06.04.2013 - 06.04.2013 12 °C
This morning we bid farewell to Helen. She headed out on the 9:25 am train to London so she could catch a flight to Amsterdam in the afternoon. Our time with Helen seems like the quickest 12 days of our trip. We will miss her company. We hope that she did not take a cold along for the second half of her vacation. The rest of us have been hacking and coughing for the whole time Helen was here, which made us pretty quiet company by the time the evenings rolled around. Fortunately, Helen had brought some single malt scotch whiskey which did a lot to nurse me through my cold and made for a good night sleep. Hannah seemed to sleep well too, but I didn't see her take much more than a sip but perhaps when our heads were turned she took a medicinal dose too.
Unfortunately, for Helen, the best weather in two weeks arrived today. The arctic air and cloud cover gave way to sunny skies and temperatures, although far from balmy, much more suitable for an early afternoon walk. Abby decided to take a day off from sight-seeing today so that left just the three of us for more Welsh exploration.
We headed a short distance out of Cardiff to the village of St Fagans which is home to the National Museum of Welsh Life . It is an open air museum on the grounds of a 100 acre 16th manor house. On these grounds are over 40 structures from a wide variety of eras that have been moved here from all over Wales to the tell the story of how the Welsh lived out their day-to-day lives over the past several hundred years. In addition to the manor "castle," there is an active farm on site, a church, a couple of schools, a general store, bakery, toll house, post office, flour mill, a good number of farm buildings and homesteads, and even a cock fighting arena. Each structure was fully furnished to represent its era and there was an interpreter available to explain the history of the building. Adding to the atmosphere during our visit were several organ grinders playing throughout the park.
Since it was a sunny Saturday afternoon and the sight charges no admission, it is a popular place for locals to take an afternoon stroll with their families and a few were even venturing out for their first picnic of the year despite the cool air. On the grounds we got some of first samplings of the Welsh language. Only about 1 in 4 people in Wales has any facility in the language but a lot has happened in the last thirty to forty years to revive its use. All signage in Wales in bilingual and it is possible for any child to have their entire education in Welsh. This is quite the change from days gone by when all education was in English and a child was punished for speaking any Welsh in the classroom. We very much enjoyed our walk around the grounds and were especially taken with the variety of thatched roofs and the different materials use to create them.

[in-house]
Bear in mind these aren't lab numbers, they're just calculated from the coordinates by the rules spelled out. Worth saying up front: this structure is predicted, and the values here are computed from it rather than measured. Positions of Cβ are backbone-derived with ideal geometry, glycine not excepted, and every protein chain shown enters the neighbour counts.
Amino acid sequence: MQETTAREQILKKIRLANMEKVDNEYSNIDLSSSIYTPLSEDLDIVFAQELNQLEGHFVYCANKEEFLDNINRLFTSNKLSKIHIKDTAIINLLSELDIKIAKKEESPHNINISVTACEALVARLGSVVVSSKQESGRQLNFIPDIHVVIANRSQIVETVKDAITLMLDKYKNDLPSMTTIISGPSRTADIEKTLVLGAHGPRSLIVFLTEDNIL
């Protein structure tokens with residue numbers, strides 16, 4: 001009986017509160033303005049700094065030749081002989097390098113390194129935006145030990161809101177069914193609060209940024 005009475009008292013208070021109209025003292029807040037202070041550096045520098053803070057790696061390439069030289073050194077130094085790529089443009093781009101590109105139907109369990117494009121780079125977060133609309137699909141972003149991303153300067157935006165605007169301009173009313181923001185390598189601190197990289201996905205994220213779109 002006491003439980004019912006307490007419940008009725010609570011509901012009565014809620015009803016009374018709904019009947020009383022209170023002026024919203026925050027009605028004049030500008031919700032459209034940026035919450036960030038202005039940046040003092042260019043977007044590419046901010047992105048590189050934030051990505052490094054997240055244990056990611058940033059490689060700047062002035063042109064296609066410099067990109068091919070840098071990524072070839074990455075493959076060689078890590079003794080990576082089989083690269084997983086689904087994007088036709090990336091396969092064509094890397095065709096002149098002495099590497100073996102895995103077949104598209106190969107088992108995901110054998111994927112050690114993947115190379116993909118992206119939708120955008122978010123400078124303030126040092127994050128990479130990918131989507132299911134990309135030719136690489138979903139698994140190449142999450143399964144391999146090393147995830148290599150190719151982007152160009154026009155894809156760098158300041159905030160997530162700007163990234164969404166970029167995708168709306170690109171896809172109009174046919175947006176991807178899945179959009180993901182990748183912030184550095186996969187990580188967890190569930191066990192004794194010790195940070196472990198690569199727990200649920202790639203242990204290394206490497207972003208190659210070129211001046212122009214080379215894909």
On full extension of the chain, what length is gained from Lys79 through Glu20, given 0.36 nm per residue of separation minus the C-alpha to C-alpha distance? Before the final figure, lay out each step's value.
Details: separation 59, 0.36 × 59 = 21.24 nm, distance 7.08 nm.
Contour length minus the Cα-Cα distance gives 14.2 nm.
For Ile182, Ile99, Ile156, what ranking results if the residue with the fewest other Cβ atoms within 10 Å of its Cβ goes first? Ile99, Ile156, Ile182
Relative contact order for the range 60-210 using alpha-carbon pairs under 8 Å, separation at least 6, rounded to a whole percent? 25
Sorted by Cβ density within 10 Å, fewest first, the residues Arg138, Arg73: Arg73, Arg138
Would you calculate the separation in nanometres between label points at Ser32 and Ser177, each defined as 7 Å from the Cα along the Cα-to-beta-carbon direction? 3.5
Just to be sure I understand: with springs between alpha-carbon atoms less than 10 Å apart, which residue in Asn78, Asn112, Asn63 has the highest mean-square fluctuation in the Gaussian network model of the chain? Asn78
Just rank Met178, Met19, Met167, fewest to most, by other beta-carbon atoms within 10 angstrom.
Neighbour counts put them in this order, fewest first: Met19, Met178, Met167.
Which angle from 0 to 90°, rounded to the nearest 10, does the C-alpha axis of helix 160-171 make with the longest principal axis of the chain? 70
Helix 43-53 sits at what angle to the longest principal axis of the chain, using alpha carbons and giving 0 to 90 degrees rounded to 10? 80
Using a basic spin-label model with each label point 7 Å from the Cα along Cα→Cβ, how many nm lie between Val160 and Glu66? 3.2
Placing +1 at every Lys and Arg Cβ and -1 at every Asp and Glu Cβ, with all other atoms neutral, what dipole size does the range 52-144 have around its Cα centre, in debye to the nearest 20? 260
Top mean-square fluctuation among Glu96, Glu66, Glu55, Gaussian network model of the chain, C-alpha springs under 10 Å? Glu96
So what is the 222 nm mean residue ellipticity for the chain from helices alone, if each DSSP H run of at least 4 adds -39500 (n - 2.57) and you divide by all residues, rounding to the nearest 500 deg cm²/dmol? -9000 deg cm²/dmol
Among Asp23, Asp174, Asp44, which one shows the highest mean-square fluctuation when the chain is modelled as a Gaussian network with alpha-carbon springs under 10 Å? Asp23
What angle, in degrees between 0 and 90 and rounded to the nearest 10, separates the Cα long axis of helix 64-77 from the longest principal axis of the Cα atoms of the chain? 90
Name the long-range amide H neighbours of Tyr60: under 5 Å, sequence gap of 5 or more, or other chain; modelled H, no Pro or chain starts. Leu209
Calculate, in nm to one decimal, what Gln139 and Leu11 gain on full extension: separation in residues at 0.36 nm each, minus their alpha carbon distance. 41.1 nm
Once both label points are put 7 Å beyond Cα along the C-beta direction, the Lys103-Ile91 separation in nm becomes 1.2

After nearly three and a half hours of exploration we made our way back to our apartment to check in on Abby. I went for another afternoon walk in our neighbourhood, specifically to look for a shop to print off an exam for Abby. The architecture in Cardiff is quite eclectic. There is a fair bit of row housing but the fronts are much less uniform than what you would find in London. The new and the old sit side by side but seem to coexist in less harmony than they do in London or in some of the bigger towns of Spain. The new buildings seem to dwarf the old. It is a very multiethnic town with specialty shops for those of Indian, African, Caribbean and Eastern European backgrounds. There are also shops for each of these communities that specialize in wiring services to send money home to relatives. I was not successful in finding an Internet Cafe or office supply store that was open. It seems in Cardiff at least, many stores close up very early in on Saturday afternoon to get a jump on the weekend. I could have this wrong and perhaps it was due to some sort of rugby game that was on. By what we have witnessed so far, rugby is the national religion of Wales.
We wound up our last day in Wales with a quiet night at home, watching a bit of TV online and preparing for our trip to Ireland tomorrow. We are packing away the British Pounds for a couple of weeks, dusting off the Euros but will stick with driving on the left side of the road.